Leslie Jamison’s The Empathy Exams

The Empathy ExamsTo her left forearm, Leslie Jamison has tattooed a quotation from the Roman playwright Terence: Homo sum: humani nihil a me alienum puto – I am human: nothing human is alien to me. These words also function as the epigraph to her bestselling book of essays, The Empathy Exams, winner of The Graywolf Press Nonfiction Prize. Much is encompassed by this statement; it is both assertion and expectation. As she put it in an essay she wrote for the New York Times, “[…] my tattoo wasn’t true for me, not yet. But it was what I most needed to hear, an asymptote, a horizon.” Words like “asymptote” and “horizon” are particularly astute because they speak to the limits of empathy, limits that Jamison touches upon again and again in this book: no matter how attentively we listen, how assiduously we think ourselves into another person’s situation, we are always in the position of a spectator to their suffering. From her work as a “standardized patient,” someone who acts out the symptoms of an illness for the benefit of medical students, to essays exploring the fate of the West Memphis Three, the motivations of ultra-marathon runners and the experience of being a tourist in a foreign country, Jamison explores our empathic mechanisms in ways both foreign and familiar.

In the very first essay, Jamison defines empathy in what surely must be the book’s most memorable passage:

Empathy isn’t just remembering to say that must be really hard – it’s figuring out how to bring difficulty into the light so it can be seen at all. Empathy isn’t just listening, it’s asking the questions whose answers need to be listened to. Empathy requires inquiry as much as imagination. Empathy requires knowing you know nothing. Empathy means acknowledging a horizon of context that extends perpetually beyond what you can see […]. […] Empathy means realizing no trauma has discrete edges. Trauma bleeds. Out of wounds and across boundaries. Sadness becomes a seizure. Empathy demands another kind of porousness in response.

Acknowledging our own ignorance – never a comfortable proposition – is the great prerequisite for inquiry and imagination, our passport across the the borders of selfhood, and so Jamison, naturally, is tirelessly inquisitive. But these are essais in the vein of Montaigne, relentlessly personal, and so we hear again and again of Jamison’s own traumas: failed relationships, self-destructive sex, self-harm, heart surgery to correct a palpitation, a physical assault that led to nose surgery, even the removal of a parasite from her ankle. That she manages to incorporate all of these experiences, draw upon the suffering they caused, without overwhelming her subject matter, is immensely to her credit.

My favorite essay, and the one that I quarreled with the most, is titled “In Defense of Saccharin(e),” and manages to be both a meditation on the role of sentimentality in literature and an examination of our societal love of artificial sweeteners. This one essay ranges effortlessly from the historical to the literary to the personal to the scientific, a worthy testament to Jamison’s range as a thinker. She begins with what I feel is an uncharitable insight into the motives of those who use words like “saccharine” as an insult (me, for one):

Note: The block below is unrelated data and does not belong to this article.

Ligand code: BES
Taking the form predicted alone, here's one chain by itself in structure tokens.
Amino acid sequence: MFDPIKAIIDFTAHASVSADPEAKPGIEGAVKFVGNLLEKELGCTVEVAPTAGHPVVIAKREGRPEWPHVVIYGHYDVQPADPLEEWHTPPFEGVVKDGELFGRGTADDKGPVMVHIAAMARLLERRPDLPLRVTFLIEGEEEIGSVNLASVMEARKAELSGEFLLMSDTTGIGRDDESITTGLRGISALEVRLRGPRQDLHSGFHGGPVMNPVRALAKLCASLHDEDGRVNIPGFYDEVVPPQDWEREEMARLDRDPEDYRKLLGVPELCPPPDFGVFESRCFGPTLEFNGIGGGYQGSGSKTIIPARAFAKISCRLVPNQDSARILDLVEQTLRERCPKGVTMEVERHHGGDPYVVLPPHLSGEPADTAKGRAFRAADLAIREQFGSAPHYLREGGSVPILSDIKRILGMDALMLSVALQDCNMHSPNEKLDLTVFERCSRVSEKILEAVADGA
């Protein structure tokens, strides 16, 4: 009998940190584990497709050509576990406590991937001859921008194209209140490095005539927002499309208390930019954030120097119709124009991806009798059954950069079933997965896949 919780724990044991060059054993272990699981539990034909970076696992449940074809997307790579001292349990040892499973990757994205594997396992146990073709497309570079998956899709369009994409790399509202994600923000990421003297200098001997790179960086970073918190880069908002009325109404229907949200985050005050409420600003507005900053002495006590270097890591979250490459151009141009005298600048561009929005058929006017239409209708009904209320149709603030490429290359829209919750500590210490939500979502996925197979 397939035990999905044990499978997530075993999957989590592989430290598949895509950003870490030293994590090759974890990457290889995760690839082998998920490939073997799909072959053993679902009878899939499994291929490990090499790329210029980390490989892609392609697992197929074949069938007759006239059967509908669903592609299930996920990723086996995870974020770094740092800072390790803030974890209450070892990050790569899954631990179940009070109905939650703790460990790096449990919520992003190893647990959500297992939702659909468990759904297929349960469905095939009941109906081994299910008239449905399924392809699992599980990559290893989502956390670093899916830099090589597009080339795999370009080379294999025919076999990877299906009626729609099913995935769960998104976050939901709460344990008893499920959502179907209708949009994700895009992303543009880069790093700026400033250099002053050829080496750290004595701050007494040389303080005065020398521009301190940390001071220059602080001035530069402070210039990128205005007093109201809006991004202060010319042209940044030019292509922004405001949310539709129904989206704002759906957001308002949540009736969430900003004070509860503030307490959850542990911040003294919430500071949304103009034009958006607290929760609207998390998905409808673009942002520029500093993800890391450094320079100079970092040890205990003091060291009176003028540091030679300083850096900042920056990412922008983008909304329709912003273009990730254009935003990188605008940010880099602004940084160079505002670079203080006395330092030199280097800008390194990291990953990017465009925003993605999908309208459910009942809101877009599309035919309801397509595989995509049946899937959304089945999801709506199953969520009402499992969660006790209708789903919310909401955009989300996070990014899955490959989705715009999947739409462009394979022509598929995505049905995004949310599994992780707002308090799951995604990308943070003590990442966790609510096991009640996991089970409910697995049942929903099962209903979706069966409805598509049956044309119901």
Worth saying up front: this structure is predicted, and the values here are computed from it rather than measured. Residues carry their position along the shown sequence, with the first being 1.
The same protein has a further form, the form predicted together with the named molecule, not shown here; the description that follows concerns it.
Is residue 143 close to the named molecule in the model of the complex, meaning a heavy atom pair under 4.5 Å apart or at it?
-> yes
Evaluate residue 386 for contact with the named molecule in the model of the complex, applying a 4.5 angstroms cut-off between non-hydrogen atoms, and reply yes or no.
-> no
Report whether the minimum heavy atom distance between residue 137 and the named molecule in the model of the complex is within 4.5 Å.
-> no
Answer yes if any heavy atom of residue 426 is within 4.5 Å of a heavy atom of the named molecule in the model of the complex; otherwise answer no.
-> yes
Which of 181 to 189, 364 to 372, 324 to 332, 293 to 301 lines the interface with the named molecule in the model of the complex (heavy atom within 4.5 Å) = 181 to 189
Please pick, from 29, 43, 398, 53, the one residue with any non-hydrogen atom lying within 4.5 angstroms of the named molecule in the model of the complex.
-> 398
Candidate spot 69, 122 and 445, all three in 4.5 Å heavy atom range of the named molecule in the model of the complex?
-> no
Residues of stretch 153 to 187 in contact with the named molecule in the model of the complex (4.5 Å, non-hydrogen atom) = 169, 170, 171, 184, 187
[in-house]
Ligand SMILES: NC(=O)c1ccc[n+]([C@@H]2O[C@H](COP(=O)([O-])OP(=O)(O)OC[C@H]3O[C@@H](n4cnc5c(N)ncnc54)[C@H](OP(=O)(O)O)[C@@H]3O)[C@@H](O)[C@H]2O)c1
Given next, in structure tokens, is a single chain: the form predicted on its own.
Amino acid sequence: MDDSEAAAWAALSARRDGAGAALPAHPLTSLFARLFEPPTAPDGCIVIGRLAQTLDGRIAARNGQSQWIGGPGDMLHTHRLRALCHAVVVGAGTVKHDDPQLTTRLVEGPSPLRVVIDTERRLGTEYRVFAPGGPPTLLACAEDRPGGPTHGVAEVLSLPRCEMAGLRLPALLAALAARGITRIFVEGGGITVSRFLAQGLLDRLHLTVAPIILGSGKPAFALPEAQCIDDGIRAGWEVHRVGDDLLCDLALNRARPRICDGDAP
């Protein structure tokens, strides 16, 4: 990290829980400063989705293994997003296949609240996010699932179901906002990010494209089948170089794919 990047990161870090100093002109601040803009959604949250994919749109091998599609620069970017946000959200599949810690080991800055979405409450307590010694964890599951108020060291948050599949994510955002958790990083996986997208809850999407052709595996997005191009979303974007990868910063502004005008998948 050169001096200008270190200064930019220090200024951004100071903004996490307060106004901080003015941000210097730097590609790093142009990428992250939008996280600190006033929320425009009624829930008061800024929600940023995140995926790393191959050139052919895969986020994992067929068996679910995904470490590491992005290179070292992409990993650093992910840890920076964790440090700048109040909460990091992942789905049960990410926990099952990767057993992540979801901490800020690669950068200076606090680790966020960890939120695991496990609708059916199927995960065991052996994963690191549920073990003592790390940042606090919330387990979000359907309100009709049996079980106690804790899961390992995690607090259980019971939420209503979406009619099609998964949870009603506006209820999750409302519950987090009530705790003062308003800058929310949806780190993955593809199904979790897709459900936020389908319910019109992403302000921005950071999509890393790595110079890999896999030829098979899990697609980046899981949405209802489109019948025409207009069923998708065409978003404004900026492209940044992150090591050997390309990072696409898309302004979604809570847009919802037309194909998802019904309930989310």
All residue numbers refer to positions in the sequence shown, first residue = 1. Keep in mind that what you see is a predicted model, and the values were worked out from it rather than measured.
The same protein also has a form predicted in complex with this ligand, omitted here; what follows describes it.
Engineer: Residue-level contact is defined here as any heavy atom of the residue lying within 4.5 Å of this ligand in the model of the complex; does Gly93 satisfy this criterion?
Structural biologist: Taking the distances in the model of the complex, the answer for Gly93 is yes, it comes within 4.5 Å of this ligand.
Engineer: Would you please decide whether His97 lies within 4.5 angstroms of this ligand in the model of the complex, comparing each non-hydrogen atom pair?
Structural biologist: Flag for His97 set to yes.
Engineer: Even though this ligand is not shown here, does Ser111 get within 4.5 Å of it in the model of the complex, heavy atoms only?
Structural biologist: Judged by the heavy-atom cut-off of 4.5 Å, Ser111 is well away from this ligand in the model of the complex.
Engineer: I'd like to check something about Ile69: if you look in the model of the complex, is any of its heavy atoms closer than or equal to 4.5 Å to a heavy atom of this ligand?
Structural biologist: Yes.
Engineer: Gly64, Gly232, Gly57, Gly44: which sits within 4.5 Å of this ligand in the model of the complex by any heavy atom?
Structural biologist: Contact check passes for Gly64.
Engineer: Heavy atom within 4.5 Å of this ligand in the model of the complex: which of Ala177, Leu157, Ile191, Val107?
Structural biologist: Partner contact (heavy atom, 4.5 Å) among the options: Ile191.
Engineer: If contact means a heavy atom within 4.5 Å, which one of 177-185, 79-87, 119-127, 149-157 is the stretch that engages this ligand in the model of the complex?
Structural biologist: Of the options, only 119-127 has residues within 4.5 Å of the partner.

Perhaps if we say it straight, we suspect, if we express our sentiments too excessively or too directly, we’ll find we’re nothing but banal. There are several fears inscribed in this suspicion: not simply about melodrama or simplicity but about commonality, the fear that our feelings will resemble everyone else’s. This is why we want to dismiss sentimentality, to assert instead that our emotional responses are more sophisticated than other people’s, that our aesthetic sensibilities testify, iceberg style, to an entire landscape of interior depth.

And no doubt she has a point, as anyone who has been embarrassed to find themselves moved to tears by the lyrics of a pop song or sappy Hollywood movie can testify. Moreover, she touches on the dilemma faced by anyone (me, again) that would place a higher value on art that requires a greater effort to achieve an emotional response: “If it causes pleasure, isn’t there something to respect in that – or do we plead false consciousness and argue otherwise? Do we insist that better artwork can elicit a better kind of feeling – more expansive, supple, ethical?”

I feel more comfortable unmasking myself as an unabashed elitist in answer to this question when she, on the very next page, presents irony as sentiment’s opposite, invoking the ghost of David Foster Wallace. Wallace felt himself imprisoned by irony. When Jamison says, on an earlier page: “The anti-sentimental stance is still a mode of identity ratification, arrows flying instead of tears flowing, still a way to make a point about perceptive capacity: an assertion about discernment rather than empathy. It’s self-righteousness by way of dismissal: a kind of masturbatory double negative,” she is channeling Wallace. Jamison, like Wallace, wants a kind of literature that can make “our heads throb, heart-like,” or, in her beautiful phrasing, a literature that can “hold feeling and its questioning at once.” But it is no longer the “saccharine” that she is defending. Saccharine literature makes demands upon our emotions beyond what its artifice merits. It shortchanges us. This is what we resent, not its sentiment but its unquestioning.

The Empathy Exams announces Jamison as a deeply impressive writer, equal parts philosopher and poet, and I look forward to her future output.